Archive for Thursday, November 10, 2005

Seize the (warm) day for late garden tending

November 10, 2005

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The calendar shows it's November, but the weather is more like May. With this in mind, there is still time to complete several tasks in the garden. Before the winter chill sets in and we are locked indoors for the next five months, take time to put the finishing touches on the lawn and garden in preparation for winter. Here are a few tasks to consider completing yet this fall:

Control broadleaf weeds in the lawn and garden. Early November is the most effective time to control many annual and perennial weeds. Dandelions usually produces a flush of new plants in late September, and the winter annual weeds henbit and chickweed germinated in October. These young plants are small and easily controlled with herbicides such as 2,4-D or combination products (Trimec, Weed-B-Gon, Weed-Out) that contain 2,4-D, MCPP and Dicamba. Even established dandelions are more easily controlled now than in the spring because they are actively moving materials from the top portion of the plant to the roots. Herbicides applied now will be taken to the roots and will kill the plant from the bottom up. Spray the weeds on a day that is 50 degrees or warmer. The better the weed is growing, the more weed killer will be moved from the leaves to the roots. Cold temperatures will slow or stop this process. The product Weed Free Zone is a relatively new herbicide that contains the three active ingredients previously mentioned plus carfentrazone. It gives a quicker response than the other products mentioned and will work better when temperatures are below 50 degrees.

After controlling the weeds, make a final application of nitrogen to help beef up turfgrass roots. November is the time to give cool-season lawns the last nitrogen application of the season. Why November? Although top growth has slowed, the grass plants are still manufacturing food by photosynthesis. A November nitrogen application helps boost this process. The carbohydrates that are not used in growth are stored in the crown and other storage tissues in the plant. These carbohydrate reserves help the turfgrass green up earlier in the spring and sustain growth into May. So there will be no need to fertilize in March or April. Those early-spring nitrogen applications are less desirable because they can lead to excessive shoot growth and reduced root growth.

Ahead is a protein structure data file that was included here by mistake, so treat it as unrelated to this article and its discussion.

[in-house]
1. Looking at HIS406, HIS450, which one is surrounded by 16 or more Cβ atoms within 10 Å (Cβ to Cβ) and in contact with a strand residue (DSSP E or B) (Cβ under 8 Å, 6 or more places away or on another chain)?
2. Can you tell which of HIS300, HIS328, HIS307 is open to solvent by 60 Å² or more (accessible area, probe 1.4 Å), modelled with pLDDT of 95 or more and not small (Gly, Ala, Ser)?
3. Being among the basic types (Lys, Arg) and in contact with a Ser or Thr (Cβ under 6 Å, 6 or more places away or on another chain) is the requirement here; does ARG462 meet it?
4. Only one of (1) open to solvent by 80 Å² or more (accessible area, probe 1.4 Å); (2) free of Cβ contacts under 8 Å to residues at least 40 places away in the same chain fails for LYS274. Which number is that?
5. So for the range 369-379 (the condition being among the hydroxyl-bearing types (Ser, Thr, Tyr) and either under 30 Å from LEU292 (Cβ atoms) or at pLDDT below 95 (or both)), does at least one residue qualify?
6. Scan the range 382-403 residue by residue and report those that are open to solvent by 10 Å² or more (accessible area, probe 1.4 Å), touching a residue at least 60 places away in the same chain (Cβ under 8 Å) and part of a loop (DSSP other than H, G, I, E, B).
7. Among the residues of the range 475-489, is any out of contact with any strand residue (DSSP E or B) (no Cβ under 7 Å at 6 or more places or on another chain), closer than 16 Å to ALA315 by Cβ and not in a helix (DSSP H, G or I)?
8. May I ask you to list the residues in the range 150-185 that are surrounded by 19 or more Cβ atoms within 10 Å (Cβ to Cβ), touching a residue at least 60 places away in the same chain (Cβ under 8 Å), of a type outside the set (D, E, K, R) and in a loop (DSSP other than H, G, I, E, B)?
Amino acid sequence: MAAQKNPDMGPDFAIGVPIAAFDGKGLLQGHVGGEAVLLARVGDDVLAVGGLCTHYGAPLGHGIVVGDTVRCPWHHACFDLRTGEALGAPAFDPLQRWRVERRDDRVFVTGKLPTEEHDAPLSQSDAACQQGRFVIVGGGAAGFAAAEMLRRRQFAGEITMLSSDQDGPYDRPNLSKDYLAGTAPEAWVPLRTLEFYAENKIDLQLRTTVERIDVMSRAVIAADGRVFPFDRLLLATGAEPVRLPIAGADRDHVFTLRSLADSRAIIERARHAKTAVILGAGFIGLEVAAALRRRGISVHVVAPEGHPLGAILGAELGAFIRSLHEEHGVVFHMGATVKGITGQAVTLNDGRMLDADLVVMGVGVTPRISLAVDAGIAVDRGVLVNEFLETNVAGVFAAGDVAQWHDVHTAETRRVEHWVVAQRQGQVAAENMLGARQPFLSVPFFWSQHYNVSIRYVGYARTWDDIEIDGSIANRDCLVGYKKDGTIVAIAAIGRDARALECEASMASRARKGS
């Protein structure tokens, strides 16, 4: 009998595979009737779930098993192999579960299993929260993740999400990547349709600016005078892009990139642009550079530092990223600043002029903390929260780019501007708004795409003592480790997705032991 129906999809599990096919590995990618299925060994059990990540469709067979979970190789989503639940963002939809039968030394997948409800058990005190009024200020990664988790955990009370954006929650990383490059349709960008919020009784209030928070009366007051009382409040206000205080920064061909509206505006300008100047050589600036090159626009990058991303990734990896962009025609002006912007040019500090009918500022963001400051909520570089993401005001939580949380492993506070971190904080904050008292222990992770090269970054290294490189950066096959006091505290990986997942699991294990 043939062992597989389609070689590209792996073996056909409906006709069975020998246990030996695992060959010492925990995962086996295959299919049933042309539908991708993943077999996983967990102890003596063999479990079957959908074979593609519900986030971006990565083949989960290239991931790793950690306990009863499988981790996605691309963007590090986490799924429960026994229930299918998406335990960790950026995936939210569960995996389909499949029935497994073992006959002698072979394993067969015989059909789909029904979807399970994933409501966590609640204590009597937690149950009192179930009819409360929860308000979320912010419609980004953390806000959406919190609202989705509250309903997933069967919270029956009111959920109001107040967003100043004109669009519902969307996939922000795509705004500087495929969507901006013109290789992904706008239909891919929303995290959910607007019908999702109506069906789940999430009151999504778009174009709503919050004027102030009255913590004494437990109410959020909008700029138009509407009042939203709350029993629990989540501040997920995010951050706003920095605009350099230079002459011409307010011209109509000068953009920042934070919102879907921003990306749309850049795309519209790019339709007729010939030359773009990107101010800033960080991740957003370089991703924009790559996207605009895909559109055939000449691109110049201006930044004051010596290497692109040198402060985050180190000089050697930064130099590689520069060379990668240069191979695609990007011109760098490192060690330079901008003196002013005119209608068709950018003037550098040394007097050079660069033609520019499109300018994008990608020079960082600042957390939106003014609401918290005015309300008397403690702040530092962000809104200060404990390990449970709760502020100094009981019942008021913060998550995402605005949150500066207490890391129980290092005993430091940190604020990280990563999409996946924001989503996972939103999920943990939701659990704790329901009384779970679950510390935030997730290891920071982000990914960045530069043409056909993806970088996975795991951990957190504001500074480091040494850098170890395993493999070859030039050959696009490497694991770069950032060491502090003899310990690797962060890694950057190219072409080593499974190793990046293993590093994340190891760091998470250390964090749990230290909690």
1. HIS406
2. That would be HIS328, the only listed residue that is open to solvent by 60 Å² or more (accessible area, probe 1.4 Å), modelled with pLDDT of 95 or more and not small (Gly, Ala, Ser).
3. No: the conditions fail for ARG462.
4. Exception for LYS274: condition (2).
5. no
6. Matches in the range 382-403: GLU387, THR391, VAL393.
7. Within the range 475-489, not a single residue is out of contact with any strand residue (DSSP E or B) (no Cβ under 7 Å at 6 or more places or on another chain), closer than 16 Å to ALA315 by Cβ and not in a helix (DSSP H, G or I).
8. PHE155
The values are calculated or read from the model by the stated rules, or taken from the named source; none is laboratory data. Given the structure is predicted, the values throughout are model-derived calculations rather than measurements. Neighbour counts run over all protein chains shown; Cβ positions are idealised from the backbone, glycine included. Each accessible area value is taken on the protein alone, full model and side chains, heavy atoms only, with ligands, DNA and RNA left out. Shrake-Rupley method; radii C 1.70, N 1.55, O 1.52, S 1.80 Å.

Apply one pound of actual nitrogen per 1,000 square feet of lawn area. For this application, use a quickly available nitrogen source such as urea or ammonium sulfate. As always, sweep up any fertilizer that lands on driveways, sidewalks or streets and reapply it.

Finish by planting spring flowering bulbs. We generally plant hardy bulbs such as tulips and daffodils in October to give them enough time to root before winter. But there is still time to plant them now. As long as the soil temperatures are above 40 degrees, the bulbs should continue to grow roots. Select large, firm bulbs that have not begun to sprout. Plant them in well prepared planting beds that have been amended with organic matter such as peat moss, well-rotted manure or compost. Fertilize with a balanced fertilizer such as 5-10-5 or 6-10-4 at the rate of 2 to 3 pounds per 100 square feet of bed. Mix all amendments thoroughly with the soil before planting the bulbs. The size and species of the bulb determines how deep to plant. In general, the depth to the bottom of the bulb should be about 2 to 3 times the size of the bulb, but check the planting instructions for specific depths for each particular flower.

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